Varanasi is the holiest of seven holy Hindu cities in India. It is where Shiva and Parvati stood when time began ticking. When I asked the family with whom I was sharing a sleeper bunk on the train from Amritsar to help me get off at the right stop, the man said, “Banaras? Next stop!” (Varanasi is also called Banaras or Kashi, the city of light). I heard “bananas“, which proved to be a pretty accurate description.
My first impression of Varanasi was through the window of a rickshaw at night, and my driver was doing his very best not to take me where I wanted to go (seriously, rickshaw drivers of India, you have ONE job!). “Oh no madam, that place is not safe. I know a better place.” Despite my protesting — which was admittedly weak after a long and cramped twenty-five hour train journey — he took me to a different guest house and we got into an argument in a dark and dank alleyway. I quickly gave up trying to impress upon him my abiding desire to get to the guest house I had originally booked into, handed him 100 rupees, and told him to get lost. It took me the better part of two hours to get to my guest house. When I finally did, I was led to my room on the uppermost floor by a man who looked like an Indian Igor. The whole floor was enclosed with black wire fencing and looked like an asylum. I woke to monkeys screaming and rattling the bars of the cage.
The central focus of the city is the ghats, a series of stairs that lead from the serpentine alleys to the unspeakably polluted Ganges river. This city is where devout Hindus go to die. The purification process — the body is washed and cremated on the steps before being returned to Mother Ganga — is meant to guide the soul into moksha, freedom from the circle of life. It is said that the soul reaches nirvana and is not reborn.
For a city of death, there is an awful lot of new life. In almost every crevice of the tangle of cobbled and shit-streaked alleyways, there are puddles of wriggling puppies. With eyes that have just barely opened, they are already dodging motorbikes and the hooves of cattle. Their mums create beds out of garbage. An otherworldly fog creeps over the river and slithers through the city most nights. Every time I leave the hostel, it feels like the beginning of a horror movie. People huddle around small fires on the edges of the streets. The level of filth is biblical. My clothes and hair smell of camp fire. Every day there are power cuts and the already grim streets are shrouded in darkness, the only light coming from the fires and the ethereal fog.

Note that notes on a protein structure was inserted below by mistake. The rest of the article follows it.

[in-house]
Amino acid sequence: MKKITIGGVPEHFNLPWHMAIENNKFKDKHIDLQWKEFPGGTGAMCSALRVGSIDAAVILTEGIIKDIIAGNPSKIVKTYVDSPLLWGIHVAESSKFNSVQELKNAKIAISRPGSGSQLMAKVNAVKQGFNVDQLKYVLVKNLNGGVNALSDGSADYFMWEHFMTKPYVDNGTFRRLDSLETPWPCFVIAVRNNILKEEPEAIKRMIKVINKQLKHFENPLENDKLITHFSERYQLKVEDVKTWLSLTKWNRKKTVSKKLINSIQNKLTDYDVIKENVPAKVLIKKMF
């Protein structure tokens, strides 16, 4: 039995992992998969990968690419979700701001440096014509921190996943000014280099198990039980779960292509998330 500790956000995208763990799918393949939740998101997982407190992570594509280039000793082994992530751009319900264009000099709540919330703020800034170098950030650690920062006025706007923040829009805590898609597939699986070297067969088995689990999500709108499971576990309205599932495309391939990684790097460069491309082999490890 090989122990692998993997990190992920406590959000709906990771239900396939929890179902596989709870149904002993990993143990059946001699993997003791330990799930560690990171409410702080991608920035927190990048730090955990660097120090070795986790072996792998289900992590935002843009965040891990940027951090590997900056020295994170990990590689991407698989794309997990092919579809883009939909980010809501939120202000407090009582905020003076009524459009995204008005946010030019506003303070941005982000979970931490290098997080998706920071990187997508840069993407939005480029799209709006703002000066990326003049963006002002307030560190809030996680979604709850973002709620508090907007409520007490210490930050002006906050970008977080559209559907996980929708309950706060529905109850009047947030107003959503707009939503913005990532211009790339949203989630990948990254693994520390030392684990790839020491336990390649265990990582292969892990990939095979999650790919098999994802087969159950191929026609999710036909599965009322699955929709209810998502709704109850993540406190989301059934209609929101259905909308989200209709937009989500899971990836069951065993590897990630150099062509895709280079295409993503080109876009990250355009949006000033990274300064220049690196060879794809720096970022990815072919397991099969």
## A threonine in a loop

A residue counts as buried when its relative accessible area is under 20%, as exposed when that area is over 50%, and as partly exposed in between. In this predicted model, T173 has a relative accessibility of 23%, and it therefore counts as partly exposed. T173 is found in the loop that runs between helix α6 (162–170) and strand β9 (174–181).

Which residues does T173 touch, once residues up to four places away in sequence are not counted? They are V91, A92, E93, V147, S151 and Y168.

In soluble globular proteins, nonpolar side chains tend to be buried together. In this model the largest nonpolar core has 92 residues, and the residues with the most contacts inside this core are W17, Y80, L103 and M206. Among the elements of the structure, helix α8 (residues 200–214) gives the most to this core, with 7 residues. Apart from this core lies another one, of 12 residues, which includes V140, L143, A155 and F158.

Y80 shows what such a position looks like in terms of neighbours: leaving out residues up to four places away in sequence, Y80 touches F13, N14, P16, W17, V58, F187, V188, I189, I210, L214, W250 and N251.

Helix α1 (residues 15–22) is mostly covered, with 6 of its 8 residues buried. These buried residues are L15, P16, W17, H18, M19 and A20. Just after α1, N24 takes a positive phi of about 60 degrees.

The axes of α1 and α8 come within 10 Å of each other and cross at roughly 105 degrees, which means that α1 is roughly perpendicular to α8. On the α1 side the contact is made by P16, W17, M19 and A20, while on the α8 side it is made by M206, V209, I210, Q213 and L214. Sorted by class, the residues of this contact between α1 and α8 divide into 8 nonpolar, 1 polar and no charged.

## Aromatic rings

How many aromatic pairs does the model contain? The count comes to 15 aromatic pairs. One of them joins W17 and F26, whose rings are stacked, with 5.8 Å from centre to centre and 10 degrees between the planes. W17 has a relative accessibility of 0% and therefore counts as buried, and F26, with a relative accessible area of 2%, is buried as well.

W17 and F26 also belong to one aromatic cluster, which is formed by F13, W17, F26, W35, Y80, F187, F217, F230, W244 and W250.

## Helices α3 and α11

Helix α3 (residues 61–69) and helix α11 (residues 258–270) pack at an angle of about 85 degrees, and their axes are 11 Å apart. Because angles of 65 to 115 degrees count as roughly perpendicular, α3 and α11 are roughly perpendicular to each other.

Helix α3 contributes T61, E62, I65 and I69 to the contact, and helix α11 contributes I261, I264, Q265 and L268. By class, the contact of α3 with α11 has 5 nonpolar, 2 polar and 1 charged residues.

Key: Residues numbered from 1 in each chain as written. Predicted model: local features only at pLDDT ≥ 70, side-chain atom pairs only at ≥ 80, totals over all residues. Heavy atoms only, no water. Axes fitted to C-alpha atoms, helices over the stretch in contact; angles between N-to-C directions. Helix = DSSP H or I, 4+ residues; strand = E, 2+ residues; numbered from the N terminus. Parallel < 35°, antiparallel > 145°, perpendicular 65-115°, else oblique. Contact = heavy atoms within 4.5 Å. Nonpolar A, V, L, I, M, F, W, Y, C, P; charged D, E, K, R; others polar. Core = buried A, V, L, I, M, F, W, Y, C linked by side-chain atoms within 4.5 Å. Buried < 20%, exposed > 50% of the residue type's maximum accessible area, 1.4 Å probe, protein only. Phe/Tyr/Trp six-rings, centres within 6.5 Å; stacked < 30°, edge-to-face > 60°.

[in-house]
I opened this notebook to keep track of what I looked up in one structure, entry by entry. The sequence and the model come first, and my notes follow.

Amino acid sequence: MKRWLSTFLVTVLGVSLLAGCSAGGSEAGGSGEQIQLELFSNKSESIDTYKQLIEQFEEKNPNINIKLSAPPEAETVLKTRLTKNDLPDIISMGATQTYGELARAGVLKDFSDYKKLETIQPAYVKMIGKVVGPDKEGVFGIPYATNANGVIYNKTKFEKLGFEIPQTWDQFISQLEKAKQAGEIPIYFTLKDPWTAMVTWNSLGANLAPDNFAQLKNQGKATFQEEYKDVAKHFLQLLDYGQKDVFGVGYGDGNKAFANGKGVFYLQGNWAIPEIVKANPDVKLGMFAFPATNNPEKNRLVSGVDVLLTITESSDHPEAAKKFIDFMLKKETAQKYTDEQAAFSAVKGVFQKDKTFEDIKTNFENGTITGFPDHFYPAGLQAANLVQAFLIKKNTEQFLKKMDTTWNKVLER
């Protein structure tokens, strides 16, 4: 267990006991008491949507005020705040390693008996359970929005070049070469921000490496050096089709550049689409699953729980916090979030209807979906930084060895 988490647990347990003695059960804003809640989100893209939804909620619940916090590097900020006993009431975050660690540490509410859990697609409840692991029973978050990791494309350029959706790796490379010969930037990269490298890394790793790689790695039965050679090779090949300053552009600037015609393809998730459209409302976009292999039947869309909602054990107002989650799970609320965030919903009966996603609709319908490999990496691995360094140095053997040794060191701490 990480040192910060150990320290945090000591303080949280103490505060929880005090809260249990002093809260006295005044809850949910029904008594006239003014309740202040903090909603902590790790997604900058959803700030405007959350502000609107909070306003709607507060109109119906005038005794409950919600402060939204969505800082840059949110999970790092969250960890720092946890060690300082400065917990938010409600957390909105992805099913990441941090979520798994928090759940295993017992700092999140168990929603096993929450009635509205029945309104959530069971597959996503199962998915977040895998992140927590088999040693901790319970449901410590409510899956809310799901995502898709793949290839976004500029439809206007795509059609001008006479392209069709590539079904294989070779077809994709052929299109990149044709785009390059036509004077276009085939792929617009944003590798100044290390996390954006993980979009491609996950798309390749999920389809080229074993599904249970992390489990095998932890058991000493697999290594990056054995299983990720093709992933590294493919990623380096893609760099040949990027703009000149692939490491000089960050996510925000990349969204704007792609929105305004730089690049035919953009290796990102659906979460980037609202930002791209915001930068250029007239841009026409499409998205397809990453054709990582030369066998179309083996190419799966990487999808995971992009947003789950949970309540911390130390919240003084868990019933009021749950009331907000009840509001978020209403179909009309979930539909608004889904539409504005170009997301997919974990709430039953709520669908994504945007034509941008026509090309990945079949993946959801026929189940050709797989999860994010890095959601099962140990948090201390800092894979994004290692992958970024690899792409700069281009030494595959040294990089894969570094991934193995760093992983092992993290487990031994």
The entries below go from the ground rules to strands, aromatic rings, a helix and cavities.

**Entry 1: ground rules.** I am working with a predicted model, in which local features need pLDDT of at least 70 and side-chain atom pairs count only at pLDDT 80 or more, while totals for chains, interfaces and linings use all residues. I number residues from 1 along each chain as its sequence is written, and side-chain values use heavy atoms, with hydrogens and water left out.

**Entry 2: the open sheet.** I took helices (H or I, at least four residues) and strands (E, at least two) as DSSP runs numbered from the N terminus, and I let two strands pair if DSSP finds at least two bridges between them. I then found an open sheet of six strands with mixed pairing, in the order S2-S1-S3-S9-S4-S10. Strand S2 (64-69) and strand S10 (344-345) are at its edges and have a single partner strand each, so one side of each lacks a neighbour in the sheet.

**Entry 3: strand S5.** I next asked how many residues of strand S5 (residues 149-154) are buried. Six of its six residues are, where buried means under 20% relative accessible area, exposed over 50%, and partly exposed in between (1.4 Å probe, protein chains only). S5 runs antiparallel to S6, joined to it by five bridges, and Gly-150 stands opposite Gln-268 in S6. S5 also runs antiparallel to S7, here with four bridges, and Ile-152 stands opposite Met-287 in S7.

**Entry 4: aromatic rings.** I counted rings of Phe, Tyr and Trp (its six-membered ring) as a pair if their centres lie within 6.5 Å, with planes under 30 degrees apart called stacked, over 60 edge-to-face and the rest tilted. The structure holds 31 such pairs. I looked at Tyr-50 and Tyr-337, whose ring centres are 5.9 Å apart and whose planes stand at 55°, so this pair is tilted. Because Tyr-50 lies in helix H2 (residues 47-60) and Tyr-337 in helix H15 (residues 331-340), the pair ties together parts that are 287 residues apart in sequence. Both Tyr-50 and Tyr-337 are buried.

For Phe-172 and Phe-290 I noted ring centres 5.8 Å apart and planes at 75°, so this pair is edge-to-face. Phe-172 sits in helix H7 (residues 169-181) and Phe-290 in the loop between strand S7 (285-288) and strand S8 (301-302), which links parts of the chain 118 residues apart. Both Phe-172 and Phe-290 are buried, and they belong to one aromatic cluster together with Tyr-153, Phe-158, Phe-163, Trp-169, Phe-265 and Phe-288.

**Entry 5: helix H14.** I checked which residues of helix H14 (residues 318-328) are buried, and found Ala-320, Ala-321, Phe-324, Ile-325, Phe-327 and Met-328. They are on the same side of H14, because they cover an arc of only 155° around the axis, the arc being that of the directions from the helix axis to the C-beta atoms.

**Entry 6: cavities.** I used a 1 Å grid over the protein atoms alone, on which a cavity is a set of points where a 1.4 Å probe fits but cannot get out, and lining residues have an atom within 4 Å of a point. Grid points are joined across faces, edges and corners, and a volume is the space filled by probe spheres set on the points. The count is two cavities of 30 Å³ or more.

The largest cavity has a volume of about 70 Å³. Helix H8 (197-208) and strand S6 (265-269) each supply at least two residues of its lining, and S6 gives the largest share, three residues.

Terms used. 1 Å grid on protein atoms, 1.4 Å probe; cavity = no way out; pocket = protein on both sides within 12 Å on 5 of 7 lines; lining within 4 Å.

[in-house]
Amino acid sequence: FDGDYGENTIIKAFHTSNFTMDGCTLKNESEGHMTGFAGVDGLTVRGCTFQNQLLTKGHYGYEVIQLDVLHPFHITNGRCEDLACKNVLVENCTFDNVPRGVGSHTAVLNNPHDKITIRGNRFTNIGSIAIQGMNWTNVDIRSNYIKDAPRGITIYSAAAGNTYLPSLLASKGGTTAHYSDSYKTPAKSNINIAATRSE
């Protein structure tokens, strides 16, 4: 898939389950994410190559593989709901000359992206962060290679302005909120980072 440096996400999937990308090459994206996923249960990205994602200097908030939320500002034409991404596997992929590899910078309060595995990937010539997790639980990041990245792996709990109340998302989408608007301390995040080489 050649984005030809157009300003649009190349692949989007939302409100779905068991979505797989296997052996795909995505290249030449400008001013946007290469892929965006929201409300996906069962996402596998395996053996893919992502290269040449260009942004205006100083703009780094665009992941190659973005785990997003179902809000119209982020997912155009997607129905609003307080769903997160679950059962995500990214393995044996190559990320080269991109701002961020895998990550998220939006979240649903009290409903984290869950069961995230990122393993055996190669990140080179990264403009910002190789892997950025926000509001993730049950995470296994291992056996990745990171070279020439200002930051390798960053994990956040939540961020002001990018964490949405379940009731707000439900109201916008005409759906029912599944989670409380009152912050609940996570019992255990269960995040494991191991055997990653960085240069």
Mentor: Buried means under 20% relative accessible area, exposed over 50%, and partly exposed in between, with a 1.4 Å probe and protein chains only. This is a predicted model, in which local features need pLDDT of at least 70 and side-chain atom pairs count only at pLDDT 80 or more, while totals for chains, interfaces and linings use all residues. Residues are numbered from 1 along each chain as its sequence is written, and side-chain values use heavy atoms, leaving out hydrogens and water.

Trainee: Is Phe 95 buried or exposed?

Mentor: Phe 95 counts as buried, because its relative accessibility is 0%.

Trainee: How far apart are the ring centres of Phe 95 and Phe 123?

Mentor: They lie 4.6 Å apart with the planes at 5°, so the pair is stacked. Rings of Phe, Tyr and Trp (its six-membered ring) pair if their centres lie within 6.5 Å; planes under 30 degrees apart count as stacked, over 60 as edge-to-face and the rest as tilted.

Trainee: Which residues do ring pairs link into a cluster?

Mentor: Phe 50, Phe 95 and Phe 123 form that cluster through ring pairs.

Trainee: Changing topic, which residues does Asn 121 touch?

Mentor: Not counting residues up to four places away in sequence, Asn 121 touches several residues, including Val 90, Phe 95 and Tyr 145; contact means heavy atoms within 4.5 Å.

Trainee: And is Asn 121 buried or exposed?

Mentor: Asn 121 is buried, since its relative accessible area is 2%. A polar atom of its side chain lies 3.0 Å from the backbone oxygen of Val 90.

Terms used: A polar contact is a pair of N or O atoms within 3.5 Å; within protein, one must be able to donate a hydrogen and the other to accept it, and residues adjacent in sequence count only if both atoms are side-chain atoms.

The funerals are an entirely male affair. Historically, widows were supposed to jump onto the burning pyre after their husbands, but that practice is now outlawed. Also, there is not to be any crying, and, as everyone knows, women are just sentient geysers of tears, and so are entirely excluded from the process.
After the last rites are performed and the body is cleansed, it is wrapped in colourful fabric, placed on a litter and carried through the twisted streets on the shoulders of male family members. Like the ubiquitous honking of horns, the warning that a body is coming through is marked by the rumbling, rhythmic chanting of the pallbearers. The pyre is lit from a central fire that has been burning since Shiva first founded the city.
A group of us from the hostel stood apart and watched, while a man with cloudy, unfocused eyes explained the rites and rituals and then tried to wheedle us out of some rupees. The running scam is to tell tourists that the wood for the pyres costs a lot, and also they need money for the nearby hospice, where people are waiting to die. I’d heard about this one before — apparently the scam artists are heroin addicts — and it’s all bullshit. I looked up some of the information he told us and it was wrong, too.
The pyres are smaller than I expected. Two or three bodies smoulder simultaneously, goats wearing jumpers huddle around the fire for warmth. A baba (holy man) wearing an orange loincloth, with ash in his dreadlocks and on his skin, tinkers with two cobras. He laughs at the foreigners’ fear and charges for photos. An all male crowd loiters; some are bathing in the river, others are on their phones. Not a tear is being shed, and aside from the general backdrop of Indian noise, it’s relatively quiet. But, then again, why should it be sad? Everyone dies, and these are the lucky ones. They’re going home.